Mental health and business – why making a real impact doesn’t cost a bomb

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By Sally Boulton, Head of Talent at Tribal Worldwide London

The focus on mental health has been a big priority over the last two years, having reached a climax in the last few weeks with World Mental Health Day, the appointment of the UK’s first suicide prevention minister, and building concerns about the NHS’s ability to tackle the growing crisis.

After being asked to speak at Good Women: World Mental Health Day last week, I started to reflect on how simple it was for businesses to drive genuine change in the agency space when it comes to mental health. It quickly became apparent that real impact comes from small, simple attitudinal changes, changes that don’t come with a price tag. So for those of you reaching for the purse strings, I’ve summarised 10 things that you can implement into your daily routine that will change the mental health of your agency.

AskHow are you?”

This is one of the most open questions we can ask. Asking “how are you” shows that, even if we aren’t experts, we care and can empathise with our colleagues; a mantra that everyone in our management team follows. So, if you see someone looking tired, notice a change in their behaviour, or that they are isolating themselves, sometimes the best course of action is to just ask the question. Making people feel seen makes them feel safe.

Listen

Listening has no impact on your bottom line, yet, it’s not always simple, especially if you’re naturally a talkative, “solutions” focused person. But taking the time to open your ears can have a huge impact on an individual’s wellbeing. Give people time. No distractions, no interruptions. Don’t fill the space. Engage. Focus, and let them do the talking. Observe their body language, as it says a lot. And most importantly, respect and do not judge.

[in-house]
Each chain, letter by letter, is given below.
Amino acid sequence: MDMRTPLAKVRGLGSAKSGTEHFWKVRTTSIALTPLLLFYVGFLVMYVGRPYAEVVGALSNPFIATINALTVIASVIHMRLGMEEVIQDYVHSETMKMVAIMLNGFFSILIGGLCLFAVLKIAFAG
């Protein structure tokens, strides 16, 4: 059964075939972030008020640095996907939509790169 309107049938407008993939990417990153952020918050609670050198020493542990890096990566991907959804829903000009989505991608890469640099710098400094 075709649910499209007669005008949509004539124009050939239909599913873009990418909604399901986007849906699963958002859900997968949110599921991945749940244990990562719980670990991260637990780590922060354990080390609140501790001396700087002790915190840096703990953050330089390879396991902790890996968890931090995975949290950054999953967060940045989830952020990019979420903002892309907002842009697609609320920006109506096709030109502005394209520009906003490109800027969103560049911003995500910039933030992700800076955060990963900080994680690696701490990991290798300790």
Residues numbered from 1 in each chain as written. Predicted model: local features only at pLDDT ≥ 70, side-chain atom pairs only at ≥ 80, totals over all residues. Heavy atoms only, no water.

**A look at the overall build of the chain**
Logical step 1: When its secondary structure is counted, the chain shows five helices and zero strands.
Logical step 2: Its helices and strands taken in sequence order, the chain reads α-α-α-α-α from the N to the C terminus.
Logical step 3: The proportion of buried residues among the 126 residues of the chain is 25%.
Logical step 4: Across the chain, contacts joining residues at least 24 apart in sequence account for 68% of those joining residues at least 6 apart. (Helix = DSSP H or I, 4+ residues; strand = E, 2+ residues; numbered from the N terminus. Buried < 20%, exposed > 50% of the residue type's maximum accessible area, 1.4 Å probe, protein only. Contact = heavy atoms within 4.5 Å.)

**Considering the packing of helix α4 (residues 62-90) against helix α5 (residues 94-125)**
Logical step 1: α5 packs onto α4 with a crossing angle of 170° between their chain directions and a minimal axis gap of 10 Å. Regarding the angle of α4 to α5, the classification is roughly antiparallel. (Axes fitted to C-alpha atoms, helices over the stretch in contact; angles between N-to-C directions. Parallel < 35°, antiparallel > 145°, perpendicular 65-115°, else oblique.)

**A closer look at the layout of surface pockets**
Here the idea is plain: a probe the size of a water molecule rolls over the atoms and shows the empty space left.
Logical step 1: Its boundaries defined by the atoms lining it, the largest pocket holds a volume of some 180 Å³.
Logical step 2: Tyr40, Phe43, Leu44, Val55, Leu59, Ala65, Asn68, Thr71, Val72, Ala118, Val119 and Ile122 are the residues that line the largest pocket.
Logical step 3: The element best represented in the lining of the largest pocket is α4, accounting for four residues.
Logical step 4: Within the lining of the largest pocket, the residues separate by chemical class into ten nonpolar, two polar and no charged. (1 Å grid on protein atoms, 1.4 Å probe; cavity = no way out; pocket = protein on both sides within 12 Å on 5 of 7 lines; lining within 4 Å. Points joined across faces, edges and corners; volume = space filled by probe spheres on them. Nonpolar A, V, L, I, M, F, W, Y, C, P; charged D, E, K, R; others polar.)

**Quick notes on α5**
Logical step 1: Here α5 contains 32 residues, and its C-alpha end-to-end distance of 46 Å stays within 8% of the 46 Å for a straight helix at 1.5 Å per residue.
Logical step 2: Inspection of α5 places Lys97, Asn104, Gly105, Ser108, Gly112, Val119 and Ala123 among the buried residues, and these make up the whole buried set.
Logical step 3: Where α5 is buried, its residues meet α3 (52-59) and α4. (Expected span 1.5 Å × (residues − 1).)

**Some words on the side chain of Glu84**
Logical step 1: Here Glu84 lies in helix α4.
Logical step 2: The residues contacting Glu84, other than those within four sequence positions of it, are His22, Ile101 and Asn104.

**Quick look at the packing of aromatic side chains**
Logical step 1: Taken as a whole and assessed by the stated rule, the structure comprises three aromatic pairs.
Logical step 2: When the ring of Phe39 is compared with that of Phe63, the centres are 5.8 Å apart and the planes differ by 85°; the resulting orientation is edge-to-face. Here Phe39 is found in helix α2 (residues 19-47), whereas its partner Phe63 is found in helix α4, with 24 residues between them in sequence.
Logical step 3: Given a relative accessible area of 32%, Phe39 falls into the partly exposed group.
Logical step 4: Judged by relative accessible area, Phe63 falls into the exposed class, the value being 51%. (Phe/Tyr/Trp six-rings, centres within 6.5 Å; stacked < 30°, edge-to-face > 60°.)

Put the kettle on

A cup of tea can make the world of difference to someone. It’s a simple thing to do, yet it often gets overlooked.

Offer support and advice

There are a lot of resources online to support your staff. Spend a bit of time googling and curating information, then put it in an accessible place for everyone. We’ve created a discrete infographic poster about small things to do to improve your mental well-being which we hang in our bathrooms – it mostly goes unnoticed – however for the people that need it, it’s there.  As mental health first aiders, we are taught that we should not try to solve people’s problems, but point them in the direction of expert help. You would be amazed at the amount of free stuff out there, including events and talks. If a fellow colleague confides in you, always follow up, reassure and keep the conversation going.

Go for a group walk

We all know that fresh air and exercise is one of the best ways to improve mental health. Make it a regular thing to get people together, enjoy the sunshine or to get some fresh air. We run regular Tribal walks. It gets people outside and socialising with people that they don’t usually get to talk to.  It’s even better with a dog and we have three that regularly come to the agency – a bit of furry therapy goes a long way!!

Create a quiet space in your office

With open office plans taking over the last decade, it’s often hard to find a quiet space to hear yourself think. It might not be immediately obvious, but sometimes you just need to move some furniture around; it can prove especially helpful within a neuro-diverse agency. In a recent staff survey, this one of the most highly requested changes to the environment.

Organise morning meditation

This one was a little outside of the box, as I am not sure everyone is keen to do this so publically but we trialled it on last year’s World Mental Health day, and it did start a trend in the office because people realised the benefits.

Try Mandalas or colouring books

Pop some in a quite space, in meeting rooms, or in the breakout area even in meetings. These were hugely popular at Tribal and cost next to nothing.

Organise craft classes

Give your team members a chance to flex the other side of their brain and do something completely different that takes them offline. On the back of a creative writing class We now run a free writing/ poetry class lead by our Ops Manager, which has proved hugely successful.

Look after yourself

Finally, and most importantly. You must take care of yourself, sometimes in a support role we forget about this.

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